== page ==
Denver, the first city to decriminalize psilocybin, passed an initiative that called for the enforcement of any laws imposing criminal penalties for the personal use and personal possession of psilocybin mushrooms “shall be the lowest law enforcement priority in the City and County of Denver.” Oakland used the same phrase with its decrim Resolution No. 87731. So did Santa Cruz with its decrim Resolution No. NS-29,867. So did Detroit.
What that phrase means, exactly, is still a bit murky, and seems to be loosely defined by the whims of law enforcement, as was discovered with cannabis legalization in some areas when that phrase is left to their interpretation.
And that leads to the question: Is it time for the federal government to step in and provide real guidance, and some clarity, to psychedelics—instead of relying on a patchwork of confusing rules created by city councils and state legislatures?
Leading psychedelic advocates discussed issues in creating federal psychedelic policy during a panel at the Petrie-Flom Center for Health Law Policy, Biotechnology, and Bioethics at Harvard Law School in April against the backdrop of the “psychedelics renaissance” in the U.S.
It was noted that, though many localities have made significant strides in addressing the legal questions surrounding psychedelic substances such as psilocybin and dimethyltryptamine (DMT), federal policymakers have not pursued similar initiatives.
For panelist Micah Haskell-Hoehl, founder of Healing Equity and Liberation (HEAL), working to create a justice framework for psychedelic decriminalization, regulation, and healing, an effective federal psychedelic policy is high stakes and requires bold action. “There’s no low-hanging fruit when it comes to federal psychedelic policy,” he said.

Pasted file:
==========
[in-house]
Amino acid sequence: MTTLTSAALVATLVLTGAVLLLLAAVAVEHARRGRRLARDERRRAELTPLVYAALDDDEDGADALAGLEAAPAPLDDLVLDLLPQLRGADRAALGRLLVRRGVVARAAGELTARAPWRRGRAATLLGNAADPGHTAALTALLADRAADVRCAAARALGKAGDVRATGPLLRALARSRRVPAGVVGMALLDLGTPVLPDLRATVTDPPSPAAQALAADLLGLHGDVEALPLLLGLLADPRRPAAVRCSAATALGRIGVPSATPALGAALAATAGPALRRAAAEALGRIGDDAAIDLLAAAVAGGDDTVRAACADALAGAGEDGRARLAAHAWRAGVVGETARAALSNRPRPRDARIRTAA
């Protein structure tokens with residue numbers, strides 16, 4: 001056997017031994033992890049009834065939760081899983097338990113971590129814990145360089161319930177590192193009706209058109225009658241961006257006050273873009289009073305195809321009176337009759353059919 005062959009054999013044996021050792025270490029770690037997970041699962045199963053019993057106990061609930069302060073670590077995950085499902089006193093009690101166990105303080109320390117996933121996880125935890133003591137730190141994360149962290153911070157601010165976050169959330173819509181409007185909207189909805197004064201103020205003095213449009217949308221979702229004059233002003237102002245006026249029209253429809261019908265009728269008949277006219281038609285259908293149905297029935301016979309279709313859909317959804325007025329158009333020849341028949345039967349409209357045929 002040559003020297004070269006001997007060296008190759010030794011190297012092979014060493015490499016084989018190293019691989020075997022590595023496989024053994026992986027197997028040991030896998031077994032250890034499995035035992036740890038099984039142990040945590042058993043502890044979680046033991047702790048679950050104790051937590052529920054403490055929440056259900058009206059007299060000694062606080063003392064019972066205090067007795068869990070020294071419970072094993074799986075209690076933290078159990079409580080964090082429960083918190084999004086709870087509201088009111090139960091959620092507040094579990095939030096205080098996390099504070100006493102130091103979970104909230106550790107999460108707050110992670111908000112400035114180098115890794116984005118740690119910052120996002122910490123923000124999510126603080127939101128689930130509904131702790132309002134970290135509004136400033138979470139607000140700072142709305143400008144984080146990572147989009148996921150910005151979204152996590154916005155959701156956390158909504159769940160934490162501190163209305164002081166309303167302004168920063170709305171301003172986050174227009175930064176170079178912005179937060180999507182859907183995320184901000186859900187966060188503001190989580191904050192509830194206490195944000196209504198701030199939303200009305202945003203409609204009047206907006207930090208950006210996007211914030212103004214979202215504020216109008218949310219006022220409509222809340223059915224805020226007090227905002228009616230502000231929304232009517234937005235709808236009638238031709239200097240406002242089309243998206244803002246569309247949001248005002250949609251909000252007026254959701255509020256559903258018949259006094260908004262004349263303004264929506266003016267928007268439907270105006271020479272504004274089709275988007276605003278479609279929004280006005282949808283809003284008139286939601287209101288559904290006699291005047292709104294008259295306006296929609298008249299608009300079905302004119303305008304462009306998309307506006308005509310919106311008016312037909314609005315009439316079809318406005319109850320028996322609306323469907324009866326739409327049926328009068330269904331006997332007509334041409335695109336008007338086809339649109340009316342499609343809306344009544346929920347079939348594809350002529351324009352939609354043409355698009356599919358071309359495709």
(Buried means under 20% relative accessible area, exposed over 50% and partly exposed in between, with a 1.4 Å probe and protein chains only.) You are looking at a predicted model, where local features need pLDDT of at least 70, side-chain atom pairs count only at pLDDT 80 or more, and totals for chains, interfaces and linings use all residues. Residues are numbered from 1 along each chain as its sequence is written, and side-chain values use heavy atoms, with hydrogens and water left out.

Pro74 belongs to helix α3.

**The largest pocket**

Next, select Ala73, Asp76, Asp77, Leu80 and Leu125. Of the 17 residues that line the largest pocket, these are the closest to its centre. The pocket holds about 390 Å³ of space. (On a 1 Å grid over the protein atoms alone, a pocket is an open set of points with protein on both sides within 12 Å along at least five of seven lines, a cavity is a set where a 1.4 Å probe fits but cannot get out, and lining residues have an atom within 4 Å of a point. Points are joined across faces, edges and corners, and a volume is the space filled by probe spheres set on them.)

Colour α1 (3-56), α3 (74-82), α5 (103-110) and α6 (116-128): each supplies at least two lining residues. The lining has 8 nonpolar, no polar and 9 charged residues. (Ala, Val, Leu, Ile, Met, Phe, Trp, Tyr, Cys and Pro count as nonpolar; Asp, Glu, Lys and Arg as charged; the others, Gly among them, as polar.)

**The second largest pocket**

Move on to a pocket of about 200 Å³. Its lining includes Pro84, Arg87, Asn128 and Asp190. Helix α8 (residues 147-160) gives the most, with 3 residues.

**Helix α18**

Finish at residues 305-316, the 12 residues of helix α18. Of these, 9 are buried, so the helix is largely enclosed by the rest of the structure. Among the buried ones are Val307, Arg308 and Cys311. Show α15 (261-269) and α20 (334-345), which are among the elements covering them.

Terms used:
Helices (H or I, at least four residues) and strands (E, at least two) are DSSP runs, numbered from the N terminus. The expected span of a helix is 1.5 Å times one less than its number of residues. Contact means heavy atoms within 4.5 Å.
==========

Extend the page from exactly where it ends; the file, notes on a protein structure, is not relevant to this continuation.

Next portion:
He said that he favors federal policy modeled after state legalization statutes, such as Oregon’s Ballot Measure 109.
“A sort of lofty, longer-term, ideal goal would be federal decriminalization across the board of all drugs and the people who use them, and an attendant accounting for and repair of drug war harms and colonization,” he said.
But that brings up yet another side to the decriminalization discussion—psychedelic exceptionalism, an ideology that could be created by the decriminalization of psilocybin, for example, while keeping other drugs illegal.
Psychedelic decriminalization benefits people who only use psychedelics. “Psychedelic reform is essential to the larger goal of ending the War on Drugs, but as drug policy and social justice activists, we must be wary of the beliefs and stigma that psychedelic-only legislation can perpetuate,” according to the blog on the website of Students for Sensible Drug Policy.
So here we are today. A drug scheduling policy in the U.S. that outlaws psychedelic substances because they have no medicinal use, yet are turning out to be some of the best medicines for some of the oldest uncurable, untreatable human conditions. A 50-year-old “war on drugs” still oppresses people of color while states attempt to fix those disparities.
Maybe now, because of the global spotlight that Griner’s case has put on the drug policy issue, the increasingly sturdy science behind psychedelics, and the decriminalization movement gaining more traction across the country, we are reaching a critical mass to finally bring better medicine to help heal the country’s mental health needs. Maybe.